Let us not beat around the greensward and boldly state that the three alleged drones were Messrs Hick, Flintoff and Salisbury and let us be even more outspoken and state that indeed their contributions, as things turned out, were not statistically that impressive.
The critics of the selectors were of course being wise after the event. Any one of the three might have played a blinder, as all have had moments of glory in domestic cricket this summer, and Graeme Hick has within days of his nightmare in Leeds rejustified his position on the international stage.
The 'Headingley Three' did hold four important catches and without wishing to drag the impossible role of the umpires into the frame yet again, Andrew Flintoff for one would perhaps be justified in beefing to his nearest and dearest (but showed no dissent in public) that he might have been a little unfortunate as far as one of the raised digits he received was concerned. If he isn't an important England player of the future then I am the best slow left-armer in southern England after P C R Tufnell.
But who knows, apart from the players themselves, what contribution an apparent failure might have made to the team spirit, on and off the field, during five stress-filled days of a crucial Test match? This is why man-of-the-match awards, though great fun, are always slightly unsatisfactory. What even the experts see from the boundary or commentary box may not always be the full picture. A chap may bag a pair but be the life and soul of the tea interval, encouraging and inspiring others to greater deeds.
No selectors set out to pick any also-rans at all, with the possible exception of those charged with choosing the Heartaches CC sides, where the pool of available athletes means that the ratio of proven winners to guaranteed no-hopers is more often than not 8-3 in favour of the useless.
But there is one factor that did all three of the England strugglers no favours at all at Leeds -the extraordinary obsession England seem to have with nightwatchmen. Several times during the series just gone, a gent from the less than prolific England lower order has been sent in way above his station when there are just a few overs of the day's play remaining.
The reasons for this escape all sane observers. All right, Alec Bedser did get 79 in 1948 and Harold Larwood almost scored a century in 1933, but the overwhelming recent track record of England No 9s doing anything more but hold out for one scoring stroke in nightwatchman role is dire.
Poor Dean Headley drew the short straw more than once earlier in the series and Ian Salisbury found himself judged more able than Hick to survive the closing balls of England's innings on the Saturday at Headingley. In each case, the promoted batsman managed to hang in there until the following morning but to no benefit to the side as every time they perished before half the punters had taken their seats the following morning.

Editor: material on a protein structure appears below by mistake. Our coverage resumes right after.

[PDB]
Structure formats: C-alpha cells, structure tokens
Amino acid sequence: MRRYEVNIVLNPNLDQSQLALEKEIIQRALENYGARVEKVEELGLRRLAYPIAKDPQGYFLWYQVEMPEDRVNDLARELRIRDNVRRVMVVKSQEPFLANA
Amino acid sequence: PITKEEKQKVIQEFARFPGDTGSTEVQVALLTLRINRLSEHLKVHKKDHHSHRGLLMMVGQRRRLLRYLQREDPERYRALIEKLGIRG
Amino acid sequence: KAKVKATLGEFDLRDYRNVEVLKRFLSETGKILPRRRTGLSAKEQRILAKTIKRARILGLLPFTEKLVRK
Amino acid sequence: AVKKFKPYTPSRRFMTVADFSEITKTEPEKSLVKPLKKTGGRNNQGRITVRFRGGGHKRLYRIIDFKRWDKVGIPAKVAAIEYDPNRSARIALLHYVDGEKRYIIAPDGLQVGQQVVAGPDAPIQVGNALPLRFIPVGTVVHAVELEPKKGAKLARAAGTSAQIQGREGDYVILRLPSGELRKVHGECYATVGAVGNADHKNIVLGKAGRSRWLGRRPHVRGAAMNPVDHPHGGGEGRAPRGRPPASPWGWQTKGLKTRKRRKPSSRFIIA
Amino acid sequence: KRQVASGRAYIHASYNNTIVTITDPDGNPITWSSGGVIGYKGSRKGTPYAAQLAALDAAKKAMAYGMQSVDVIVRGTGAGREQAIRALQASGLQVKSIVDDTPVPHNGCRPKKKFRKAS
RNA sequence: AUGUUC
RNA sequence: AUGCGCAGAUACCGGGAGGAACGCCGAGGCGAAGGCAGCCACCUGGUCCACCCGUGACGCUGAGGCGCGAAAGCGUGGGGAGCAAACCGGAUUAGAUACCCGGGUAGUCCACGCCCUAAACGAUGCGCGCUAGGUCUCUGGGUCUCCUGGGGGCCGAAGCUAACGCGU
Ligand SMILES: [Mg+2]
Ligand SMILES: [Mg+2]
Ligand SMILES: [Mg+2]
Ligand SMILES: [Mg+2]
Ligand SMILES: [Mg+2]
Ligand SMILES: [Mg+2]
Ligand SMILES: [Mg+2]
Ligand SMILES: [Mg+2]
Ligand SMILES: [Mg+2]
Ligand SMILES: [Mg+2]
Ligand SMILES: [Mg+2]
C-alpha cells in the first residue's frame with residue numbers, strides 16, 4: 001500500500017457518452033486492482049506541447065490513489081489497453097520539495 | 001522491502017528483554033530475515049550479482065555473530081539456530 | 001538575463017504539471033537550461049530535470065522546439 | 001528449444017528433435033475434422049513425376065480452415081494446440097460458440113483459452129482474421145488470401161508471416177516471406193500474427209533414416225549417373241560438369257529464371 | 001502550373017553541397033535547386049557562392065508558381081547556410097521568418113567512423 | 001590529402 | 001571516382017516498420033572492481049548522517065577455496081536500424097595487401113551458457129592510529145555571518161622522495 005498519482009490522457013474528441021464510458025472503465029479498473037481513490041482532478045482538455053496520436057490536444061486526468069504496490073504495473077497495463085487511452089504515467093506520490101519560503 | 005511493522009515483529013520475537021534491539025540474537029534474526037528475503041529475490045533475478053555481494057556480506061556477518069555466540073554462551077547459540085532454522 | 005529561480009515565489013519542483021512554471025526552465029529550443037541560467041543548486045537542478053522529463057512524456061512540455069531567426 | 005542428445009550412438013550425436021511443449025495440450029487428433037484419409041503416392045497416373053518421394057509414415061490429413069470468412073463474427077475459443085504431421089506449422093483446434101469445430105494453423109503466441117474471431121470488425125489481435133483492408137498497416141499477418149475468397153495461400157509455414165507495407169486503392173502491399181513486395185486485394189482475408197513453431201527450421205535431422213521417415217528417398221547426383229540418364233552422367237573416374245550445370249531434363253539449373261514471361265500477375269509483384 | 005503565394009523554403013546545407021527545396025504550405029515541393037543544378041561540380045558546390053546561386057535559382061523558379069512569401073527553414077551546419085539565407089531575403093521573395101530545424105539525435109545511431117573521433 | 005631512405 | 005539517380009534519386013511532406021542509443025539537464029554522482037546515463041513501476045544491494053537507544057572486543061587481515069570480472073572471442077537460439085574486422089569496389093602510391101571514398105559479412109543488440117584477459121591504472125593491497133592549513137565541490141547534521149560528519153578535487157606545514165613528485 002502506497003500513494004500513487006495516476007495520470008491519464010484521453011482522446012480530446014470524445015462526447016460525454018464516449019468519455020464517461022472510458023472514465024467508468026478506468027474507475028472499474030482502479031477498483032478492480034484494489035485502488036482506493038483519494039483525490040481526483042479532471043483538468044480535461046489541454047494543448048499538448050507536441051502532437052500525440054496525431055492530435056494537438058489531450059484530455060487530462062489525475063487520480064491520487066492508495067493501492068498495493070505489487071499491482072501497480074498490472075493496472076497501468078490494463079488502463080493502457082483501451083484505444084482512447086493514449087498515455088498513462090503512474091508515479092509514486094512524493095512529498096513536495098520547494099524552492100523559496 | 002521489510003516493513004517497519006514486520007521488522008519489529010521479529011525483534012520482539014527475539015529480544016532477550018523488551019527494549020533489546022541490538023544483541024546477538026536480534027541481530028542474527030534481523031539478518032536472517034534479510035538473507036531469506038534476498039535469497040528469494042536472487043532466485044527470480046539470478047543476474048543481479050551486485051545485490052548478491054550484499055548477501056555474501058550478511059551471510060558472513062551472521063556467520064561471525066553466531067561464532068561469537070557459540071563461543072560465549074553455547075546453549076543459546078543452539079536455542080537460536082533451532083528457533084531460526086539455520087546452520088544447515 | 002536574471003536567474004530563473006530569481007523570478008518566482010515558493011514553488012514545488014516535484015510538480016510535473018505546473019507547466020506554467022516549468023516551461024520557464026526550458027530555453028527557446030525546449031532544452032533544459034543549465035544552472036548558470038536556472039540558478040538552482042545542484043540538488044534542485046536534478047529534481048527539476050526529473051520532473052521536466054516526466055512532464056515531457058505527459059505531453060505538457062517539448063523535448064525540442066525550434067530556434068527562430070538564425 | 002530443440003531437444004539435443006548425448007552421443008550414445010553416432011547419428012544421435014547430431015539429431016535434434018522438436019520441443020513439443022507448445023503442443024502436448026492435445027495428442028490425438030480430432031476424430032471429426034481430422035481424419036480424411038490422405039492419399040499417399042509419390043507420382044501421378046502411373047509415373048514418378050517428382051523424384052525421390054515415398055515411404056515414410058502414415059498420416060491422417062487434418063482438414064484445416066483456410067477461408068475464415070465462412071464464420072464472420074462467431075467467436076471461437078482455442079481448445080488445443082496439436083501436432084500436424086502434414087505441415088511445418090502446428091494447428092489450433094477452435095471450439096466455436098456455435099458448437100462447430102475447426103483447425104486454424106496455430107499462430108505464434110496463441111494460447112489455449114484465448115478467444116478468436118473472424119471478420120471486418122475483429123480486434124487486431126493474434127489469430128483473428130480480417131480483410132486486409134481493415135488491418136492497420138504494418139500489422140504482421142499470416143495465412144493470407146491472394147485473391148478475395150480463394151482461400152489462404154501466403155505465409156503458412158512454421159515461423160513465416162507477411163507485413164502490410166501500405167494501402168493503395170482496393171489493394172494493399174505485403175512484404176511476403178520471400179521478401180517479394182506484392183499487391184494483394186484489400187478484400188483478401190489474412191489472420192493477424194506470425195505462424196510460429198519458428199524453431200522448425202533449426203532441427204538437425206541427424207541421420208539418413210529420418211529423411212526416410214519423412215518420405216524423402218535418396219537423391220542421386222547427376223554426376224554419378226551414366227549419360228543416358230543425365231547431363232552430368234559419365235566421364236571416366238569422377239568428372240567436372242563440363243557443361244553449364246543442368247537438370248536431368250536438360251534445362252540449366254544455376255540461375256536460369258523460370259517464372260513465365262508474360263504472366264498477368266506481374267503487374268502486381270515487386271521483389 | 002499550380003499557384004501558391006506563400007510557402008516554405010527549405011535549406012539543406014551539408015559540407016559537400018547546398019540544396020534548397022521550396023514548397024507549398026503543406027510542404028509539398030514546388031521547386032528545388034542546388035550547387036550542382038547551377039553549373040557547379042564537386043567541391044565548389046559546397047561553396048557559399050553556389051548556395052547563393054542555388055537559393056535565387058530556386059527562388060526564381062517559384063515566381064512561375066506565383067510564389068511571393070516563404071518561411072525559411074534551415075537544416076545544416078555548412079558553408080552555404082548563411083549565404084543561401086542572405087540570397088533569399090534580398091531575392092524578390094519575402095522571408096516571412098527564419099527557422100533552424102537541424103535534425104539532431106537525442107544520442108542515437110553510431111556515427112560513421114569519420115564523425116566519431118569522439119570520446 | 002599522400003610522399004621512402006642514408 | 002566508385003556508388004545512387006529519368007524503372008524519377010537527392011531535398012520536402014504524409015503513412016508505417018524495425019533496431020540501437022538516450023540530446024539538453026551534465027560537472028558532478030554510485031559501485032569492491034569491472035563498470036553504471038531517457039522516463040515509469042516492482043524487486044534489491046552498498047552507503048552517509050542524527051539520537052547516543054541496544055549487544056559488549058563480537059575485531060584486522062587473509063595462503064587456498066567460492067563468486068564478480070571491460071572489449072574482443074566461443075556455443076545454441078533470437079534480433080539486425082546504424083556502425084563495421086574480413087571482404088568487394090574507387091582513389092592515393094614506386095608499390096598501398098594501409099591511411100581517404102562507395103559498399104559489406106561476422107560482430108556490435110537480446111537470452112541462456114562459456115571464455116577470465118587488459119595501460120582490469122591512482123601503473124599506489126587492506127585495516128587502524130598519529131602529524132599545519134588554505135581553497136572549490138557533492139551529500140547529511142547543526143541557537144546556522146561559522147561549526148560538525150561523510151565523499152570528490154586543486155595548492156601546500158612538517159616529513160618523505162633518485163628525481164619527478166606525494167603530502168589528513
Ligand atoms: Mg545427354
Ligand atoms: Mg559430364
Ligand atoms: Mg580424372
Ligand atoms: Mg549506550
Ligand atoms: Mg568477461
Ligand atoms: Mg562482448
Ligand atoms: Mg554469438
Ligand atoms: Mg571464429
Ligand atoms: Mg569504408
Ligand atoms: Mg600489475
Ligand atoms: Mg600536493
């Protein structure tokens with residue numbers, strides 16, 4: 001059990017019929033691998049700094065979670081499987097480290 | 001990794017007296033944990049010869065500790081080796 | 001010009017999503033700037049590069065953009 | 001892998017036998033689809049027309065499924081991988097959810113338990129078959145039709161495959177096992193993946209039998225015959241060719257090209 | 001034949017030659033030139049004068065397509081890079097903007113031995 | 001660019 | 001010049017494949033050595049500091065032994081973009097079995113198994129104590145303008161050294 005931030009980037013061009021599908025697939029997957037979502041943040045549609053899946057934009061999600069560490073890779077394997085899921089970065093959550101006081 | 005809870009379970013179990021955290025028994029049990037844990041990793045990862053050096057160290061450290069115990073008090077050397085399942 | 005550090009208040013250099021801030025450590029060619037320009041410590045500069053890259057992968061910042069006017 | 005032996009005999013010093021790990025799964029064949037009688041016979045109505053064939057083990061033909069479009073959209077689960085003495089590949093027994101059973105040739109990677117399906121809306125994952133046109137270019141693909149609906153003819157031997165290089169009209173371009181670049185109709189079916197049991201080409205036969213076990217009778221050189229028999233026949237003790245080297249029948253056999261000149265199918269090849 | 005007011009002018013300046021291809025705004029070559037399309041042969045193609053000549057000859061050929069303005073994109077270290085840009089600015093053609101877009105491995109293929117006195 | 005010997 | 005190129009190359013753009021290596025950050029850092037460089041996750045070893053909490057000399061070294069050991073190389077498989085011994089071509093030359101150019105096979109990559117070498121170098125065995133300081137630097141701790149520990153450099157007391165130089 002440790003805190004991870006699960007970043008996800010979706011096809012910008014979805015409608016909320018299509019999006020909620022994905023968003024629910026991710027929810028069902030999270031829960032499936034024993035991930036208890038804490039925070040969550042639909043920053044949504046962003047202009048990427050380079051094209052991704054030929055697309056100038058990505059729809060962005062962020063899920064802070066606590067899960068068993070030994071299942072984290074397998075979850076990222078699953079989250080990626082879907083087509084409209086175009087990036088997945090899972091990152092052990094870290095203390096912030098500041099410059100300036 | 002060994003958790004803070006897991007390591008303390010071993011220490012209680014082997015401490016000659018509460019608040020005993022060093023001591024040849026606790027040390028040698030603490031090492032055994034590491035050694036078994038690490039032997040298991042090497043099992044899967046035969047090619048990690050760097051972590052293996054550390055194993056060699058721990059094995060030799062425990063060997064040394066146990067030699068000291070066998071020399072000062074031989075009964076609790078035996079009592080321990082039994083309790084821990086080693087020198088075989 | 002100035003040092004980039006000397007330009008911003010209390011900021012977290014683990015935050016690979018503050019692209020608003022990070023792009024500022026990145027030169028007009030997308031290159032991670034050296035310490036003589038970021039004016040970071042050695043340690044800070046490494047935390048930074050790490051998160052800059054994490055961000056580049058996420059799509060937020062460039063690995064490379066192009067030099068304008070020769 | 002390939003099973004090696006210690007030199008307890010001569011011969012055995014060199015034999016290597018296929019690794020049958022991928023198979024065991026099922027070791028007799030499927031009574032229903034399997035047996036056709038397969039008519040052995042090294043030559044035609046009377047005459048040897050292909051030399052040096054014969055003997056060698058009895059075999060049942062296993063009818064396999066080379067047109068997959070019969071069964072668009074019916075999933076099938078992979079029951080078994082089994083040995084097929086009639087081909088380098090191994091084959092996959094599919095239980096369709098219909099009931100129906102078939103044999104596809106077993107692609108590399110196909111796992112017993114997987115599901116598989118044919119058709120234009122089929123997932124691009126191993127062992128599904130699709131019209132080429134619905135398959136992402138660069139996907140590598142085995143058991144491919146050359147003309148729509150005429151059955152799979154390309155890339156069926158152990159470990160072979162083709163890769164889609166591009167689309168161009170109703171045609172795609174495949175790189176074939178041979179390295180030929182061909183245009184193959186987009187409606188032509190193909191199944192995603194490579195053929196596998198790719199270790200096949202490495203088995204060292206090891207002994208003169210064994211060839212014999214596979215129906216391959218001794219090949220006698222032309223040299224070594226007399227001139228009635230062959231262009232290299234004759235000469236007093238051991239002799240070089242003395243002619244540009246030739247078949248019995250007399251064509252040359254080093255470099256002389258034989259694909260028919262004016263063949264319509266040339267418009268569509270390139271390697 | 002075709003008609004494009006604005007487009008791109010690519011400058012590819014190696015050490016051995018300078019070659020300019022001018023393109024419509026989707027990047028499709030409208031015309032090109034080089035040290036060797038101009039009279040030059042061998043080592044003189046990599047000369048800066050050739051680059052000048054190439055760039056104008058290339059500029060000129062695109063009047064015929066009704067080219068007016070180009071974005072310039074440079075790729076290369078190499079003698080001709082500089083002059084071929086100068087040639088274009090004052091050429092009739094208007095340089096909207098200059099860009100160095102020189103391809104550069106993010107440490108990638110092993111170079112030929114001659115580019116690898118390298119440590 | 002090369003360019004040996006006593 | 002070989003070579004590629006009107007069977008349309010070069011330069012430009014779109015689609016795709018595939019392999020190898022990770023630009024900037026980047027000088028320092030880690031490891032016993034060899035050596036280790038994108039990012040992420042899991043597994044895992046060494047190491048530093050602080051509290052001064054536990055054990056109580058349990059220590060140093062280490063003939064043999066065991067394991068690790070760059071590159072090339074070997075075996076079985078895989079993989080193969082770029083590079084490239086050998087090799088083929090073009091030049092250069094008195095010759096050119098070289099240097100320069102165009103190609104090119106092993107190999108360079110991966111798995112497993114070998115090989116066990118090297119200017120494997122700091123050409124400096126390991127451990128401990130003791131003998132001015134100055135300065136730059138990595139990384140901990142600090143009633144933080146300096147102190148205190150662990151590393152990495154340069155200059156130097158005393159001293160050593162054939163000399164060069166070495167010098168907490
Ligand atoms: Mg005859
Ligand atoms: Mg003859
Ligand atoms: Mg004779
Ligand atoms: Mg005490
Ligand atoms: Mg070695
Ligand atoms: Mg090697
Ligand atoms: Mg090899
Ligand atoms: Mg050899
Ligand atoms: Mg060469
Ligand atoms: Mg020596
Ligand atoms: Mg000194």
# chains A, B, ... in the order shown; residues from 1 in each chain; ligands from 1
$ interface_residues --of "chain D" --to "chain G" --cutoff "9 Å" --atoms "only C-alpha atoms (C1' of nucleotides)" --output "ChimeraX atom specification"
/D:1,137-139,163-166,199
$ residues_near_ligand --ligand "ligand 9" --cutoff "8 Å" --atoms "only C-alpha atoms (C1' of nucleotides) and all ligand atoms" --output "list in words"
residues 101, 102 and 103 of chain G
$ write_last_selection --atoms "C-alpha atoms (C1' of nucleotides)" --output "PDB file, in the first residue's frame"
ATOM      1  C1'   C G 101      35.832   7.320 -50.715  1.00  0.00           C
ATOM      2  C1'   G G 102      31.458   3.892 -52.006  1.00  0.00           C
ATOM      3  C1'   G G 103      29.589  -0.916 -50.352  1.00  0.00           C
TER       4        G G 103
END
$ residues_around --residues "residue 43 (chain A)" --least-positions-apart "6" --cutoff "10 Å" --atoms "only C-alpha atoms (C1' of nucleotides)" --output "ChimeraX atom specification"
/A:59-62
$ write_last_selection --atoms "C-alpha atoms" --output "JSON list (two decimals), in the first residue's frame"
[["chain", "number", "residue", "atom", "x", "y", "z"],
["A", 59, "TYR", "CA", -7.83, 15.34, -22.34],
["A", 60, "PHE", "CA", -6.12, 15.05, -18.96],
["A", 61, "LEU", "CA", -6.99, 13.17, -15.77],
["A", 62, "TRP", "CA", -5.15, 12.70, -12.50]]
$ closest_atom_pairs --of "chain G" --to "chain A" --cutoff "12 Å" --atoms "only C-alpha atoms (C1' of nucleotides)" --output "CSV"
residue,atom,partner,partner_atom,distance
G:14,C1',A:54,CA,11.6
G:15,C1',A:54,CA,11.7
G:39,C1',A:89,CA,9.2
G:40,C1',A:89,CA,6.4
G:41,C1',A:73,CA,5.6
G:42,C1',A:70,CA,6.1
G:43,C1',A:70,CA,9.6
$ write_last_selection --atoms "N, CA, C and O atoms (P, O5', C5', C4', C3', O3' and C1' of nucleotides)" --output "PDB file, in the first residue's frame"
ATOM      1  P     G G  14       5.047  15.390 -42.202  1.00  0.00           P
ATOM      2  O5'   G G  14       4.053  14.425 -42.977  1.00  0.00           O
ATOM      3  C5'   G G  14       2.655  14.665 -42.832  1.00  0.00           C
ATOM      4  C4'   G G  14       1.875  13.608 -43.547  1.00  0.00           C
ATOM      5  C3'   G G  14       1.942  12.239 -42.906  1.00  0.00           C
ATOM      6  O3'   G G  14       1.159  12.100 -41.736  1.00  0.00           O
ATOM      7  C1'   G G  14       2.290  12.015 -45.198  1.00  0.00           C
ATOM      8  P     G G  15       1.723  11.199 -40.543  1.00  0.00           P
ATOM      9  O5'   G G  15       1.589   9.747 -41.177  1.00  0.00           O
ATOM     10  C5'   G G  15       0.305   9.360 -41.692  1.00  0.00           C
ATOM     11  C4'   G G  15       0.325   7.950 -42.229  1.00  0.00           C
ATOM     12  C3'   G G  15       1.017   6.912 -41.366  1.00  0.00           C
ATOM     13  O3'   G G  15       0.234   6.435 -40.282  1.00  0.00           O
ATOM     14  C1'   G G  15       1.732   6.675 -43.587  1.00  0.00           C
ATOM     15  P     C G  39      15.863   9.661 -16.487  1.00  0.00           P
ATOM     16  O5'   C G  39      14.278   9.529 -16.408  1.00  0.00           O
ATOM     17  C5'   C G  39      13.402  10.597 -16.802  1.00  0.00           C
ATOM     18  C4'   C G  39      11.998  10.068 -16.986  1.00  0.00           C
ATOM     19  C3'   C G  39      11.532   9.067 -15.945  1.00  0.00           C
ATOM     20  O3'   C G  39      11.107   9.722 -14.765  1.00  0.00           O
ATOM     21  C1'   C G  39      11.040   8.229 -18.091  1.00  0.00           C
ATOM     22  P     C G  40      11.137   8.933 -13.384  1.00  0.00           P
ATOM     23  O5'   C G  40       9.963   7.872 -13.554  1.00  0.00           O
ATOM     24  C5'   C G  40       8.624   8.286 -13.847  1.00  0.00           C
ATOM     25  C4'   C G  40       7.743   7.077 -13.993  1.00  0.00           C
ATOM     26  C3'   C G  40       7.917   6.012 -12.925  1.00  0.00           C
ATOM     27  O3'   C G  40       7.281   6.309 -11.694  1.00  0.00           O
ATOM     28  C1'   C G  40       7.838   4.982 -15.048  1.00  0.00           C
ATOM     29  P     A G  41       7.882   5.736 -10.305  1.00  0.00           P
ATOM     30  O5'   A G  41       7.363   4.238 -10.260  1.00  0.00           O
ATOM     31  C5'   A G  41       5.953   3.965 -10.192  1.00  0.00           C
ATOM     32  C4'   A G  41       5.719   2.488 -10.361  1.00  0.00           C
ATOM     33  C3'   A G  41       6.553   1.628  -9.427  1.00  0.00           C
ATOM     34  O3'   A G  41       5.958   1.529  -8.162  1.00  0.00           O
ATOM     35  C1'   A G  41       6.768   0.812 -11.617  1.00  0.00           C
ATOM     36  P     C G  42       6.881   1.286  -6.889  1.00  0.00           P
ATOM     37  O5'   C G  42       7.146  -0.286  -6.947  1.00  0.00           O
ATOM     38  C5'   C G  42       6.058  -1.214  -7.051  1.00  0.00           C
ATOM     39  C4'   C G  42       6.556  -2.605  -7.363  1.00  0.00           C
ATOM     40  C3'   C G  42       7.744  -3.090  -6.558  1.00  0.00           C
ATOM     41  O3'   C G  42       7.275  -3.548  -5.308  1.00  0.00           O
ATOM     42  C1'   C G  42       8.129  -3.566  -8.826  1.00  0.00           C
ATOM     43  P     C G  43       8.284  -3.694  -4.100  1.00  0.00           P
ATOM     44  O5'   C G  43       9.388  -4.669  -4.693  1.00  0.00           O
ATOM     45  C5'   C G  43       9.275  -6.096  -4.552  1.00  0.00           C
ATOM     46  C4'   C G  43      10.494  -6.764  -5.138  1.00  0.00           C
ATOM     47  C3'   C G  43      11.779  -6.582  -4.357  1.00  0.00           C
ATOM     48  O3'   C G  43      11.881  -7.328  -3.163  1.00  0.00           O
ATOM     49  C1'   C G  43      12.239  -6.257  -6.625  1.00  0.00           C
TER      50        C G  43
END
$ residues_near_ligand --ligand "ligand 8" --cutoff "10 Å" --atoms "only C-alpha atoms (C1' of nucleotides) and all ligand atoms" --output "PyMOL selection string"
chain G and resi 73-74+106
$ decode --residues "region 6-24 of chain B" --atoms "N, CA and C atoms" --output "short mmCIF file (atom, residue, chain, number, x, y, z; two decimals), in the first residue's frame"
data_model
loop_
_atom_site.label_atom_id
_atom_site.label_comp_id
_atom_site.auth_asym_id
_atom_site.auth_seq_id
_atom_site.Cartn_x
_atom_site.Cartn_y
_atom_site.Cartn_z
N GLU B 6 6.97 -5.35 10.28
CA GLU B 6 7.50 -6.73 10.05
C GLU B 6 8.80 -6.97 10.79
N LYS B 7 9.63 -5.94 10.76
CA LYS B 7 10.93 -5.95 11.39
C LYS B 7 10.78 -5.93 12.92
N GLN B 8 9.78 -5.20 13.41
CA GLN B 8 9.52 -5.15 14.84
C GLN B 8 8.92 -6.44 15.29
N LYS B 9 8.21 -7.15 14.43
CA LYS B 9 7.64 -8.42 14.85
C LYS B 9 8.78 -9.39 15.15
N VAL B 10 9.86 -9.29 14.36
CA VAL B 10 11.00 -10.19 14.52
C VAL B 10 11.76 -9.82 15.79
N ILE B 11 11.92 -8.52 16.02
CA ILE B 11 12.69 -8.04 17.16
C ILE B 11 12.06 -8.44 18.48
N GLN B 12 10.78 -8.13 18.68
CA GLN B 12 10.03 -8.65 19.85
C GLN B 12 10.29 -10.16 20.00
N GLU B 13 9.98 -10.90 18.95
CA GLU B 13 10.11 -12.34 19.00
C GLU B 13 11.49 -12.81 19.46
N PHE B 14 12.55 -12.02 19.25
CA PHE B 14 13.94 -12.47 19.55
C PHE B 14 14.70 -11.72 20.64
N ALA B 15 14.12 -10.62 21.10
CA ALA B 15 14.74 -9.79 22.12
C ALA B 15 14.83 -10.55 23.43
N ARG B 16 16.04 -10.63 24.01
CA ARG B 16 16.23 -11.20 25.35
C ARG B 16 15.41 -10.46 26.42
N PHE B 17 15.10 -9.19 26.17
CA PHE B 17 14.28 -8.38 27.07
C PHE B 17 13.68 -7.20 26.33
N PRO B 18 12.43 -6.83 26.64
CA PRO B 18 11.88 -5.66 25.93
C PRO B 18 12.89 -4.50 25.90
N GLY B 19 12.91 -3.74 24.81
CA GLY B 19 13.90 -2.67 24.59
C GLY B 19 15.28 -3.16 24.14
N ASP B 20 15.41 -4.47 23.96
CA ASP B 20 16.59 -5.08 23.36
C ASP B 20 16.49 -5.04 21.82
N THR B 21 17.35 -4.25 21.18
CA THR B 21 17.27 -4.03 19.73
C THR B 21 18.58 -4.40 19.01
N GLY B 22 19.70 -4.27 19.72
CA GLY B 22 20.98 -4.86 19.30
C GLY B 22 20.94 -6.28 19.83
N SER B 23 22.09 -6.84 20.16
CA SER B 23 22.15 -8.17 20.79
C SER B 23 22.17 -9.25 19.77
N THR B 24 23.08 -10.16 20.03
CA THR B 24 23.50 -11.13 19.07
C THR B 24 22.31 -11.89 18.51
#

The argument against a nightwatchman is one of five prongs, viz:
1) It is a defeatist move. It tells the opposition that (a) England have no desire to score any more runs tonight but wish merely to survive and (b) have no great confidence in the man who should be in next. This cannot have helped Hick to feel he was a trusted front-line batsman.
2) Even if the nightwatchman survives the night, he is always out first thing the next day and gives the fielding side a terrific boost right at the wrong moment. Salisbury's dismissal on ball two on Sunday can not have made him feel over the moon, either.
3) Two important batsmen are now reduced to coming in at No 7 and 8. If a top-order man comes in at No 8, he tends to play like a No 8, although the reverse never seems to be true - i.e. put a No 9 in at No 3 or 4 and he still looks like a No 9.
4) There is a greater danger of a top-order batsman who is going well running out of partners, which plays havoc with his concentration viz: Nasser Hussein at Headingley.
5) Test Match Special is so badly programmed by Radio Four chiefs that it hardly ever covers dismissals in the first 15 minutes of play, which are now commonplace thanks to the nightwatchman policy.
I am certain that if Hick had come in on Saturday night he would have still been there on Sunday morning and would have gone on to make at least 30 or 40 the next day. What would have happened if Salisbury had got out two balls before the close instead of two balls after the start the next day? Would we have seen Cork at No 7 and Flintoft at No 9? And to be consistent, why did we send Mike Atherton and Mark Butcher in for one over on Friday night? Surely Darren Gough and Angus Fraser would have been a more logical choice?
It is a barmy policy which can only be justified for any side if they have a lower order stuffed with all-rounders of at least Shaun Pollock and Lance Klusener stature. Sad to say, right now we do not and we did not triumph at Headingley despite carrying three makeweights, but despite ludicrous tampering with the batting order.